-- Of the 10 presbyteries whose votes have trended anti-LGBT, 8 of those votes were in presbyteries whose pro-LGBT vote was already under 30%. The other two presbyteries appear to be outlier cases. In other words, the presbyteries whose votes are trending AWAY from general pro-LGBT social trends are presbyteries which were already very heavily anti-gay, and which weren't likely to vote for 08-B in 2009 to begin with.

-- The overall pro-LGBT percentage vote shift is 3.3% so far, using an averaging method that weights each presbytery equally. If I were to weight it by number of voters in the presbytery, it would probably be a higher shift, however it's difficult to do that math until after everybody has voted.

-- There are some significant pro-LGBT shifts in many presbyteries. 7% to 9% pro-LGBT vote shifts are plentiful, and there are a couple of pro-LGBT shifts in the range of 15% to 20%. By comparison, the worst anti-LGBT shift so far is -10%, in Mississippi presbytery.

-- Several presbyteries which realistically couldn't be called "swing" presbyteries in the past have now shifted into the "swing" category, even though they voted no on 08-B this year. So if there needs to be a "next time" for a delete-B amendment, next time those presbyteries will be much more in play, and will be stronger candidates to vote yes.

-- Very few "swing" presbyteries have voted so far, where I define a "swing" presbytery as one that voted pro-LGBT by 40% to 49% (i.e. just barely against 01-A) in 2001-2. So the data that we have so far is kind of weird -- it emphasizes either heavy pro-LGBT or heavy anti-LGBT presbyteries.

-- Whatever it is that Utica (+21%), Northern Kansas (+16%), and Eastern Oklahoma (+15%) Presbytery More Light supporters are doing, everybody find out and imitate it, because it's working.

Even if your presbytery voted "no" on 08-B this year, if you shifted the vote pro-LGBT by 7% or more compared to 2001-2, you should be proud, because that's a pretty solid shift.

Over time I hope to add some more analysis, such as:

- Total pro-LGBT percentage shift calculated across all voted presbyteries at once, instead of just on a per-presbytery basis.

- Prediction graph that shows, visually, the pro-LGBT percentage votes by presbytery in 2001-2 and 2009.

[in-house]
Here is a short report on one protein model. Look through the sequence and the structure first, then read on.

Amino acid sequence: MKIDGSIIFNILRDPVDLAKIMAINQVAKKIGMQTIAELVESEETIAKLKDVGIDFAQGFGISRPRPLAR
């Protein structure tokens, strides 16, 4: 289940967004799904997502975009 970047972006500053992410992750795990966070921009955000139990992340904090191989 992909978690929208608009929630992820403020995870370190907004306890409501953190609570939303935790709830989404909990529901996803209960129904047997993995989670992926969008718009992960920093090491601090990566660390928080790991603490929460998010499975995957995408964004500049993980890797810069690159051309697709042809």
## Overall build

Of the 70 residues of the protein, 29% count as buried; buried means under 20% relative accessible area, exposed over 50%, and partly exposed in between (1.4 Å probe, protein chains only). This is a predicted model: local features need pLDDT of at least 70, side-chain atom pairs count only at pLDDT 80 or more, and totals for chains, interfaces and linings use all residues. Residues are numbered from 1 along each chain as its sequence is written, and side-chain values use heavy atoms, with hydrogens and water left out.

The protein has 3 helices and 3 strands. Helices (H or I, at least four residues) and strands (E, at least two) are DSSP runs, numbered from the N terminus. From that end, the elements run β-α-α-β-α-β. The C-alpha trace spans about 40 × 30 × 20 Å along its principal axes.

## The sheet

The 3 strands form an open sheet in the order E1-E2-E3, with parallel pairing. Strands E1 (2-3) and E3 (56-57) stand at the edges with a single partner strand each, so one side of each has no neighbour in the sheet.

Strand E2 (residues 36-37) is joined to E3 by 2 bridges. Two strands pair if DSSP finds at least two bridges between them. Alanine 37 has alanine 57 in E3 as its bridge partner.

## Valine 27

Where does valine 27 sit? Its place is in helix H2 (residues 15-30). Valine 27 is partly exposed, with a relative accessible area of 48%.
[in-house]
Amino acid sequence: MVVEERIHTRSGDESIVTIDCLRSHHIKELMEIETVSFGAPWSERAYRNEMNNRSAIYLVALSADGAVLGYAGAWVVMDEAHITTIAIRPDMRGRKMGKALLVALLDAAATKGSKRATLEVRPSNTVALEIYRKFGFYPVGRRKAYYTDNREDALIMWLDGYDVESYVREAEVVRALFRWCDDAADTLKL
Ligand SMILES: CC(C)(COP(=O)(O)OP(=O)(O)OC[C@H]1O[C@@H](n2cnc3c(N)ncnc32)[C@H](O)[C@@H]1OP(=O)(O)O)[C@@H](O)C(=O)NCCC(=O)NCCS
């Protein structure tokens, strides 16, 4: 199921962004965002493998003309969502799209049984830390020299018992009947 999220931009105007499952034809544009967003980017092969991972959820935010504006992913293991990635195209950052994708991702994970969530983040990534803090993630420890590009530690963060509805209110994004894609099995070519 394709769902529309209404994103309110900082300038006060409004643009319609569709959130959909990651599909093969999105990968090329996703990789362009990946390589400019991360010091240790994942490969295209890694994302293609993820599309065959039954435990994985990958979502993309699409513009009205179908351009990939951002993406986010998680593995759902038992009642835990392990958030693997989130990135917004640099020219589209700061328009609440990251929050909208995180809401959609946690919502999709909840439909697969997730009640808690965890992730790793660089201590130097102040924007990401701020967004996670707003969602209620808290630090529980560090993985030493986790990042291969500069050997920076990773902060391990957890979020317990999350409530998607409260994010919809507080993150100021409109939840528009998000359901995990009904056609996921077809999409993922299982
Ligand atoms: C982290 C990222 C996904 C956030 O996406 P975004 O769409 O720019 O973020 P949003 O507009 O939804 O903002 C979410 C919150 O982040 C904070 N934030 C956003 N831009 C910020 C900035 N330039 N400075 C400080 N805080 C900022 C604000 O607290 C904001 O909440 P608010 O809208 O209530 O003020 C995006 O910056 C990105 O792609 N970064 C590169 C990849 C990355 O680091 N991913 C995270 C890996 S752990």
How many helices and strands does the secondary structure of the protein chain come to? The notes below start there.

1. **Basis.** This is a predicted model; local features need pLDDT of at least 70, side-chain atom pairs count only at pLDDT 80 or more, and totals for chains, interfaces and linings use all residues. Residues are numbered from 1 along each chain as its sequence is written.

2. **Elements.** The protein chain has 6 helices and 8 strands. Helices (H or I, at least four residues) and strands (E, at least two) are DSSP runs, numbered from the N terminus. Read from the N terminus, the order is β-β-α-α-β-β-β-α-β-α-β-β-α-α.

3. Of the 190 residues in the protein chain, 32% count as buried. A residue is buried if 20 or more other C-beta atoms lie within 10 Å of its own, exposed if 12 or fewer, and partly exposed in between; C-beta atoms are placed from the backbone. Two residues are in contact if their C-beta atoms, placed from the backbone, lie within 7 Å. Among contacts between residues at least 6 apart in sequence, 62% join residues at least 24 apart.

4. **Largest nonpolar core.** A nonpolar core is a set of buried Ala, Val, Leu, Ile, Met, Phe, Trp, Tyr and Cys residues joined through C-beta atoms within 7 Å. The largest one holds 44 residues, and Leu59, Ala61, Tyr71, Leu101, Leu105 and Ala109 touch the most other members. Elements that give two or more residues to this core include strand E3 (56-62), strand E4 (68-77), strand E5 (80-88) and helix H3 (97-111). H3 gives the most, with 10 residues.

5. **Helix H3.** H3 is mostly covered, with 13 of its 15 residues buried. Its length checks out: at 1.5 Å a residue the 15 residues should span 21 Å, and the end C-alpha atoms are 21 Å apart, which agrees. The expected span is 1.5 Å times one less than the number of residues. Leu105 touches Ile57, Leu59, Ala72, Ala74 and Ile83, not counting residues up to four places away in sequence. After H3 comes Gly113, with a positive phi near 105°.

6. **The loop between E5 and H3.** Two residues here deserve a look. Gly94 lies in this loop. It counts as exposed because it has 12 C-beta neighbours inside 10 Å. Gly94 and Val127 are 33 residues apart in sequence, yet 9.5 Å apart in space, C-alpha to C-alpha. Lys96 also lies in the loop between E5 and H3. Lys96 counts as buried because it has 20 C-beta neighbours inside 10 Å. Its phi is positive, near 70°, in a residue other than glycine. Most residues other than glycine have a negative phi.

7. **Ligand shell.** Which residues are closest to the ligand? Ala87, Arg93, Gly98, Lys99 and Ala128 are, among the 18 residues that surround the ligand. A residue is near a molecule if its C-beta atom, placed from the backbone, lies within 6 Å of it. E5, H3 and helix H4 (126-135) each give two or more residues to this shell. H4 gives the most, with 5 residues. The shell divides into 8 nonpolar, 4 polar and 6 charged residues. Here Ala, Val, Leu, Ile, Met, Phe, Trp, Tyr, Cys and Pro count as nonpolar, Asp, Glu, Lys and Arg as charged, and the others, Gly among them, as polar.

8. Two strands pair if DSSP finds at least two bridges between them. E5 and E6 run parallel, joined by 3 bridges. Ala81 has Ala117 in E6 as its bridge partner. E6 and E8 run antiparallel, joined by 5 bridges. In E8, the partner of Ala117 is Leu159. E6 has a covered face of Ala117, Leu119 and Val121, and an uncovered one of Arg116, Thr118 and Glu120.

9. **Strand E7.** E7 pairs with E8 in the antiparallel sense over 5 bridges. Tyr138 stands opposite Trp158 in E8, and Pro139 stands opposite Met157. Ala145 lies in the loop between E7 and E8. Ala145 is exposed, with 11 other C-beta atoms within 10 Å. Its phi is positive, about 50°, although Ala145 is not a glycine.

Saturday, January 17, 2009

New Jersey, Kansas, and Iowa presbyteries vote YES on 08-B

On or around January 17, 2009, three presbyteries voted YES on 08-B: New Jersey, Kansas, and Iowa. Below is a portion of the analysis that I posted to the open morelightpresbyterians email list.


I managed to find an old HTML file that lists 01-A (delete-B) vote counts from 2001-2002, so I was able to run some comparisons for these votes.

In 2 cases the More Light movement significantly increased the percentage of support, and in one case it's basically a wash:

Newton 2001-2: 82 yes, 34 no --> 70.7% YES to delete B
Newton 2009: 63 yes, 16 no --> 79.7% YES

Des Moines 2001-2: 69 yes, 46 no --> 60.0% YES
Des Moines 2009: 52 yes, 37 no --> 58.4% YES

North Kansas 2001-2: 73 yes, 49 no --> 59.8% YES
North Kansas 2009: 71 yes, 23 no --> 75.5% YES

So the numbers suggest that in "safe" presbyteries, we can win by increasing margins. However notice that the increasing margins happened primarily because the number of "no" votes dropped tremendously, in Newton and North Kansas. The larger question is how much the total pro-LGBT percent change will be in "swing" presbyteries.

The notes I have say that the overall presbytery "human" vote count was 43% YES (to delete B) in 2001-2, so it was 57% NO. If my rule of thumb that "we get about 1% shift per year" holds, that means that it could be very close. So it could all come down to get-out-the-vote efforts in the swing presbyteries.

- Bruce